Last year, Governor Brian Sandoval made $181,586.49 in total compensation.
How many government employees in Nevada made more than the governor?
One hundred, five hundred … maybe a thousand?
No, nope and not even close. Over 2,000 government employees in Nevada made more in total compensation than the governor in 2012. Those employees include, a community services director in Washoe County making $184,343 and the parks and recreation director in Henderson making $219,402.
Excess compensation isn’t just limited to agency directors in local governments, however. Ninety-one employees in the Clark County fire department made over $200,000, with three fire battalion chiefs each cashing in for over $249,000 in total compensation — with every dime, of course, coming from taxpayers.
This information comes from TransparentNevada.com — a website provided by the Nevada Policy Research Institute and dedicated to serving Nevada’s public by shining sunlight on all aspects of state, county and city government.
One of TransparentNevada’s main features is its listing of government-employee salaries from over 55 different government agencies in the state.
This salary data — gathered from public-records requests and now including over 132,000 employee records from 2012 — is fully searchable by name, job title and jurisdiction. It provides lawmakers, media members and citizens with a quick and easy way to see how much government employees actually make.
This information is especially pertinent as the 2013 Legislature considers a proposal to raise taxes while boosting state worker pay by eliminating furloughs. Last year, 2,289 state employees made over $100,000 in total compensation despite many of them taking six unpaid furlough days.
The Legislature is also considering raising the sales tax in Clark County to pay cops more. The Las Vegas Metropolitan Police Department is pushing for the tax increase to fix what officials claim is a $50 million budget hole. Thanks to TransparentNevada though, it’s easy to see that Metro’s budget problems stem from out-of-control compensation.
In 2012, over 149 Metro employees took home more than $200,000 in total compensation, with one captain pocketing over $585,000 in total compensation. One lieutenant received over $354,000 in total compensation.
Salaries weren’t just high because of retiring officers cashing in sick leave when they retired. High compensation comes standard in Metro with 348 employees taking in over $175,000 and 2,204 employees making over $125,000.
In the City of North Las Vegas, officials are facing an $18-million-deficit next year. What’s a major cause? Sky-high compensation packages given to its police and firefighters.
Of the city’s 403 employees who made more than $150,000 in total compensation in 2012, 85 percent worked in public safety. One hundred and thirty-two worked in the fire department and 210 worked in police or corrections.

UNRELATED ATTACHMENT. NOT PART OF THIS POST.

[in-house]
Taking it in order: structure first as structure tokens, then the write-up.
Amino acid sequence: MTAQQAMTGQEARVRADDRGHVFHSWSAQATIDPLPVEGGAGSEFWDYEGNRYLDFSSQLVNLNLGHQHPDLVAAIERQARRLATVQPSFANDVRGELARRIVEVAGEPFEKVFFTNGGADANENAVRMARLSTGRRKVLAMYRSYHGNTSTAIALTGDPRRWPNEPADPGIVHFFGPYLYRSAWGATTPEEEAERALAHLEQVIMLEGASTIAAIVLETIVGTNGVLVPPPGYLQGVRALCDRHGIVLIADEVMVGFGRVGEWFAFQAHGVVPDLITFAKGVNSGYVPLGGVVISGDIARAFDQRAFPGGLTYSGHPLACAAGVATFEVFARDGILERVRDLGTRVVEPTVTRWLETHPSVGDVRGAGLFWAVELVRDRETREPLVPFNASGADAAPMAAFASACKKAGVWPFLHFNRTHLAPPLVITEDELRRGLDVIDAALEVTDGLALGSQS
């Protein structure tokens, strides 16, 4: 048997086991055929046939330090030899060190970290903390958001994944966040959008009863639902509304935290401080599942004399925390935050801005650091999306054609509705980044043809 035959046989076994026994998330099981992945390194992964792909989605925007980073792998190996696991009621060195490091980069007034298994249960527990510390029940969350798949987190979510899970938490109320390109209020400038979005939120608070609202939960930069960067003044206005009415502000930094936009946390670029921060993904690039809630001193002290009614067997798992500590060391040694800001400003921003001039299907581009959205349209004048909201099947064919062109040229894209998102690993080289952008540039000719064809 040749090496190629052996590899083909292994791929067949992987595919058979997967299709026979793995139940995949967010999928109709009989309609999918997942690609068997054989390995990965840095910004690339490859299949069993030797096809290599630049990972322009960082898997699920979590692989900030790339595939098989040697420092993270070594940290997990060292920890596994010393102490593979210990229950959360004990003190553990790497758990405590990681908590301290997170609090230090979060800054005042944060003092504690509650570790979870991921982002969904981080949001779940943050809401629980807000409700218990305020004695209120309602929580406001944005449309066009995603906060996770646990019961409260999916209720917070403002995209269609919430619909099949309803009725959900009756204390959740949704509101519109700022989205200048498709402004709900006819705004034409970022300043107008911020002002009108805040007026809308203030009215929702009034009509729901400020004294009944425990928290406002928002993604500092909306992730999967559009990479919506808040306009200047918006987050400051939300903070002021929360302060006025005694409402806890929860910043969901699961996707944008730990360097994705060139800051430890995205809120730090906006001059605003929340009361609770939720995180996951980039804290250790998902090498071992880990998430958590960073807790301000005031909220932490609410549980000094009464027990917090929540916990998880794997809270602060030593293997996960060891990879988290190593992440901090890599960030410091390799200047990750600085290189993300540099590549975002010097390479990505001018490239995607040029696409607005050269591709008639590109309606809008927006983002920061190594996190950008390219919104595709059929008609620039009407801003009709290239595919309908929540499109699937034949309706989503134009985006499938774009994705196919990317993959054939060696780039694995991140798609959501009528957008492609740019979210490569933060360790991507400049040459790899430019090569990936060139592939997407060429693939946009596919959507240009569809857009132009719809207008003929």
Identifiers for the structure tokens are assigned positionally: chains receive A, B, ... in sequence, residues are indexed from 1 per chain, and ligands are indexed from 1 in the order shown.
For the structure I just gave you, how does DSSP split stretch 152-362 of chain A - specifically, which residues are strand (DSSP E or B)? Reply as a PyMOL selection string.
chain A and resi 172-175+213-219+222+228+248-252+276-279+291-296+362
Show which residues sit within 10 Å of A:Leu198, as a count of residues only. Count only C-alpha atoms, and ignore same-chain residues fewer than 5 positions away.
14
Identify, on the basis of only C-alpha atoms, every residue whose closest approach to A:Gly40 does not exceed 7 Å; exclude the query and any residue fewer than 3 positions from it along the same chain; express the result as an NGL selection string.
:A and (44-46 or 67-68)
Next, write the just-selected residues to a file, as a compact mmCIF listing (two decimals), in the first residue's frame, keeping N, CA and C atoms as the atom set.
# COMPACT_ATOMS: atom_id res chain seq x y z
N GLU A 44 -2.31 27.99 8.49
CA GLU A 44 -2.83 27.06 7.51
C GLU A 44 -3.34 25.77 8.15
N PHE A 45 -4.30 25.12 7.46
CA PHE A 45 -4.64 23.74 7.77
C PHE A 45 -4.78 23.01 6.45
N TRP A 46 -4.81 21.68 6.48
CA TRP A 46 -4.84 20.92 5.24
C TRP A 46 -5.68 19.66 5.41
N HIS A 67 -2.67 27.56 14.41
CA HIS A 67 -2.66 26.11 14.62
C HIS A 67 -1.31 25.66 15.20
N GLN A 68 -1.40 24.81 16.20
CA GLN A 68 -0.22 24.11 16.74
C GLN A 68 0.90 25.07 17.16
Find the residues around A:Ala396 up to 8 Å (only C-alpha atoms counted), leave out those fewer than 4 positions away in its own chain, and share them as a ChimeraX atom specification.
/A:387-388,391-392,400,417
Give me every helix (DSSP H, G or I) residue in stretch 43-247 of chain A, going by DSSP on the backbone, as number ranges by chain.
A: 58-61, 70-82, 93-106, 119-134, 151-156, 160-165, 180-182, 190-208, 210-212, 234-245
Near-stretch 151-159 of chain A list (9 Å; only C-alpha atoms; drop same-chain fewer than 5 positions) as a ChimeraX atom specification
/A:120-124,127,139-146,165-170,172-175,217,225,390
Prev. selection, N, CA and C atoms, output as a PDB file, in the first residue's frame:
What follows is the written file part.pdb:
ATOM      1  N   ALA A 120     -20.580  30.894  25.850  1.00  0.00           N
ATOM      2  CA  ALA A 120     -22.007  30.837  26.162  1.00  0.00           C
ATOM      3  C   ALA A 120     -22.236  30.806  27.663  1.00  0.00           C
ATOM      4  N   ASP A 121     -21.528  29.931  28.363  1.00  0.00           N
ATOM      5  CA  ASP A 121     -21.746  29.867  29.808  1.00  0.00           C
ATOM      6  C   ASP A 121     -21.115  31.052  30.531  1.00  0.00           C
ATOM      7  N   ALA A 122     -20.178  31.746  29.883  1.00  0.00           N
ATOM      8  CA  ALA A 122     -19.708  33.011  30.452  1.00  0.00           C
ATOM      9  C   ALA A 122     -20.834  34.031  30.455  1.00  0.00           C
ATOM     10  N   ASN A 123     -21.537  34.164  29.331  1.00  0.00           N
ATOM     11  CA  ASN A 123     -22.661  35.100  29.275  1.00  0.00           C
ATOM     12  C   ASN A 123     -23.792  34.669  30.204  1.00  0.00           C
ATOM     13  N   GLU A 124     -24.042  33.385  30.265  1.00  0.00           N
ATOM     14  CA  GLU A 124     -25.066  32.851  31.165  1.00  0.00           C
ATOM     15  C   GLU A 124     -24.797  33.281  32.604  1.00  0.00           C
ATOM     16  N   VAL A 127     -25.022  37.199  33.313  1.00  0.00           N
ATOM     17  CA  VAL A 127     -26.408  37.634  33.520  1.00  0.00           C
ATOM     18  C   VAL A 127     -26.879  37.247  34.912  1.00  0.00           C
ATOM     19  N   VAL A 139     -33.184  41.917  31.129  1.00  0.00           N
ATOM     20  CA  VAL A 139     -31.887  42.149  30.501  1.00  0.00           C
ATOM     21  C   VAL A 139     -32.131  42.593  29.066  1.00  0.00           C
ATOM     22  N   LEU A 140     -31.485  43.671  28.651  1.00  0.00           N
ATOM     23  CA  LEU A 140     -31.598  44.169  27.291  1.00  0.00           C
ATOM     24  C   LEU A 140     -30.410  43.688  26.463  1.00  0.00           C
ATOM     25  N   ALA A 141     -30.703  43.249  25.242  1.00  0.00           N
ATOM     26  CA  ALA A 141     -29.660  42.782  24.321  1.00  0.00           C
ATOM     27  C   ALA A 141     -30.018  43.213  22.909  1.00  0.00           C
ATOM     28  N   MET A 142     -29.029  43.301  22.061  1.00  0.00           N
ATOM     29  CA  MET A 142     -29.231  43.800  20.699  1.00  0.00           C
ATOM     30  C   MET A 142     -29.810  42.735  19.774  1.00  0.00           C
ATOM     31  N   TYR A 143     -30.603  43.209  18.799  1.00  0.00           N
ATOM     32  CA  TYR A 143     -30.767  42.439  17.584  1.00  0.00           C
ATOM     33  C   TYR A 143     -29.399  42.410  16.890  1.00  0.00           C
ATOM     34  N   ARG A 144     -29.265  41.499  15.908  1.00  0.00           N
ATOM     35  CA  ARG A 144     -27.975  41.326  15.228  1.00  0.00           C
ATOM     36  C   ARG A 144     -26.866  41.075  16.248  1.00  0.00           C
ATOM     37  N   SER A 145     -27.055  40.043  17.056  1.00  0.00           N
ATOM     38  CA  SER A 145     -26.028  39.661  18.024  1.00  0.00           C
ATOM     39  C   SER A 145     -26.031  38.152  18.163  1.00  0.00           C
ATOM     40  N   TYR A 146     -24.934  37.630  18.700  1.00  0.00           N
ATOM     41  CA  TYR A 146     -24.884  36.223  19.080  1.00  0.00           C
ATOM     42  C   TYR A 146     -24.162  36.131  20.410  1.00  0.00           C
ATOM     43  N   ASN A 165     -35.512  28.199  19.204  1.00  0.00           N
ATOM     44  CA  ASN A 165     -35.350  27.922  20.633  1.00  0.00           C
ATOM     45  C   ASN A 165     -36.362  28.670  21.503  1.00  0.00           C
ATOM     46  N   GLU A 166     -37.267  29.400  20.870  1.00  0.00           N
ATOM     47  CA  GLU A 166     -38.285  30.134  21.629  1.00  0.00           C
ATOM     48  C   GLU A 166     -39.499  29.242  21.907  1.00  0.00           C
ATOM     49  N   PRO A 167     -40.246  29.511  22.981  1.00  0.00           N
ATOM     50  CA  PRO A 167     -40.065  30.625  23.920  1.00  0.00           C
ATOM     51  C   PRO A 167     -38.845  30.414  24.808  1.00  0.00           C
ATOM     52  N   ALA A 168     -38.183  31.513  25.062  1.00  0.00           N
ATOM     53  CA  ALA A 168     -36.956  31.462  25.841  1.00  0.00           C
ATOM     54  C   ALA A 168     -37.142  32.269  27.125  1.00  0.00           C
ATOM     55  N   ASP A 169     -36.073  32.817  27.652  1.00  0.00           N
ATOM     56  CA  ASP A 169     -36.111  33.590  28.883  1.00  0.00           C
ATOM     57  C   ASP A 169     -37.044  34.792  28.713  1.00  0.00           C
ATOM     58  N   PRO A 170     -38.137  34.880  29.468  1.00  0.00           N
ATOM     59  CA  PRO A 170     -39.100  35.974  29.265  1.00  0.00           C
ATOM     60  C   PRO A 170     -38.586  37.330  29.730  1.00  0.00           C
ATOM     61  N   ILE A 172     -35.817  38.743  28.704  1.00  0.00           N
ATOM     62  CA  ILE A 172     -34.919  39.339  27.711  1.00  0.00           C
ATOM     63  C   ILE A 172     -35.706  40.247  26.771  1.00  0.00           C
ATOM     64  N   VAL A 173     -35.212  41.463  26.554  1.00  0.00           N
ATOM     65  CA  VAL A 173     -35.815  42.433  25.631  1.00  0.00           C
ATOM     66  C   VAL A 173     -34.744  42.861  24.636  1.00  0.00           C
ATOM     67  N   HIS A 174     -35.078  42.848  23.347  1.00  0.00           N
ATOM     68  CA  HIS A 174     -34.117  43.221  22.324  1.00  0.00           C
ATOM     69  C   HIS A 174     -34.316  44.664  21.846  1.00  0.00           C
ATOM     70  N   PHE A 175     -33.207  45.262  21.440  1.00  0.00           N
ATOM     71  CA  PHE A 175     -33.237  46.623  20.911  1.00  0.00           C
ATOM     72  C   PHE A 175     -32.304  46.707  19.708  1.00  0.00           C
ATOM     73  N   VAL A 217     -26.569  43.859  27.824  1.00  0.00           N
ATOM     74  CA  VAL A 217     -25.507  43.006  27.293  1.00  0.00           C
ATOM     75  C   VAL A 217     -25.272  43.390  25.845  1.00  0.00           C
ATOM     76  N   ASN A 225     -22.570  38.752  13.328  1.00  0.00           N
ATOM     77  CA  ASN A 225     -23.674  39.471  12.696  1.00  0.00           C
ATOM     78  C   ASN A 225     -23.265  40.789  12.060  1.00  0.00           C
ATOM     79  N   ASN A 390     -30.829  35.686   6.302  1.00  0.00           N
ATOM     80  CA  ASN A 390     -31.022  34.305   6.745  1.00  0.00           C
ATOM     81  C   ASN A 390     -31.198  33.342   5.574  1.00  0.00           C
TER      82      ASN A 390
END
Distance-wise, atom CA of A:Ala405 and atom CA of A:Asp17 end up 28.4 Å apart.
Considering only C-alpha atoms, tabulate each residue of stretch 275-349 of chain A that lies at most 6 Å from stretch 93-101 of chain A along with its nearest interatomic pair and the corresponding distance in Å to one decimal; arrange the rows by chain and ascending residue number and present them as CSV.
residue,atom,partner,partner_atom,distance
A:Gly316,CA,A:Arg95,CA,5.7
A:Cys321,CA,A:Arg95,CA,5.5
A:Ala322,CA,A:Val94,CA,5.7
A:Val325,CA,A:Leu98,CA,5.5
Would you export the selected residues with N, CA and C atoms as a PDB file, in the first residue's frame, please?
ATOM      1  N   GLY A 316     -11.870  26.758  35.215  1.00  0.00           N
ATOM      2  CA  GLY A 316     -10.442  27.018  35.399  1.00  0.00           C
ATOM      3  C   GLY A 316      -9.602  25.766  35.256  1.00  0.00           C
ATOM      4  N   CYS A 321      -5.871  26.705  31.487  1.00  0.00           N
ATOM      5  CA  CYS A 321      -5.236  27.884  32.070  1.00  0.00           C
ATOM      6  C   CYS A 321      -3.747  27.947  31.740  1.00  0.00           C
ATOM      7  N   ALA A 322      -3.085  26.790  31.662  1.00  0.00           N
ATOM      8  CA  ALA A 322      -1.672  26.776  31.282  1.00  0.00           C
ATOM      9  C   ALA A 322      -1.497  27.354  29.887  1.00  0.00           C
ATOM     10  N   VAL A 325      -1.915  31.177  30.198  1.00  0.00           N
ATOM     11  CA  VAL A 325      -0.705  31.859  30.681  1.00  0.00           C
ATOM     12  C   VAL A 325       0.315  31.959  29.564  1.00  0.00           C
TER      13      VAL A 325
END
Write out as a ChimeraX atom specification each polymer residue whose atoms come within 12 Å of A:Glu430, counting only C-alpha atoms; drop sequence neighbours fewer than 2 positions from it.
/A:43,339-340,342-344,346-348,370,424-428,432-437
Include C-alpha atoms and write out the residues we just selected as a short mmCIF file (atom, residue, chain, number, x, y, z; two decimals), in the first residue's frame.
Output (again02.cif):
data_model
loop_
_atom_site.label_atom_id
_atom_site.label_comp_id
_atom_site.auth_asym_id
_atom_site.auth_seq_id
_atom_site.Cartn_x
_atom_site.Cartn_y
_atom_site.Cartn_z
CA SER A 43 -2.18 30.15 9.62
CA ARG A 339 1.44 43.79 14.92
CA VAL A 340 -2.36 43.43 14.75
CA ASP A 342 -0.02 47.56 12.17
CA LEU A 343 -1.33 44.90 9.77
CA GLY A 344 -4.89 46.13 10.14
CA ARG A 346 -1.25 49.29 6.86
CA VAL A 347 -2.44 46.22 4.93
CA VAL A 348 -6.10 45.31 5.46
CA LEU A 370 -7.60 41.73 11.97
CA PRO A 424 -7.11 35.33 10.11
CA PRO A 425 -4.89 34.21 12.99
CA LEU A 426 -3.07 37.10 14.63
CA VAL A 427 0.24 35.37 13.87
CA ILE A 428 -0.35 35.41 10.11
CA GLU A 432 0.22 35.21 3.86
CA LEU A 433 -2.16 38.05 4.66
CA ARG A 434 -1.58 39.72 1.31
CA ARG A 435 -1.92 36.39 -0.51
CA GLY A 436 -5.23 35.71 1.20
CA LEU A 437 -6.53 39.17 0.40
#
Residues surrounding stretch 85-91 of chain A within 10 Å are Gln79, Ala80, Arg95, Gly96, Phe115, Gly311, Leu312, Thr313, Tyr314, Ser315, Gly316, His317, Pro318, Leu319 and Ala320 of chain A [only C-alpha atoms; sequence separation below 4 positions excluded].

Controlling costs in North Las Vegas necessarily means controlling the salary and benefits for its public-safety employees — but NRS 288, Nevada’s collective bargaining law, gives government employees the upper hand over taxpayers.
First, unlike in the private sector, government unions have a major role in selecting the elected officials who will be “bargaining” against them. Unions are often the most powerful special interest groups in low-turnout elections for local officials. This allows them to help select allies more indebted to union members than taxpayers. Of course, some elected officials, like Clark County Commissioner Tom Collins and Las Vegas City Councilman Steve Ross, are actually former union members.
Second, unlike in the private sector, where exorbitant union contracts can drive and have driven companies into bankruptcy, governments rarely go bankrupt — they just raise taxes and squeeze taxpayers even more. This lack of competition means that government unions rarely face consequences for demanding salaries that far exceed their private-sector equivalents.
Third, Nevada’s collective bargaining law mandates that a consideration for resolving contract disputes is a government entity’s “ability to pay.” When times are good, this provision, among many others in NRS 288, allows government unions to extract unsustainable increases in salaries and benefits.
When a local economy crashes, however, the salaries and benefits rarely come back down to earth. That’s because unions are able to maintain those exorbitant contracts through things like “evergreen” clauses. “Evergreen” clauses dictate that the current contract will stay in effect until a new contract is agreed to by both parties.
Unfortunately, no “evergreen” clauses exist for private-sector citizens. In the five years since 2007, Nevada’s real median household income has declined from $59,727 to $48,927.
Government workers though, as seen by the information available on TransparentNevada, continue to live high on the hog — at taxpayers’ expense.
Victor Joecks is communications director at the Nevada Policy Research Institute.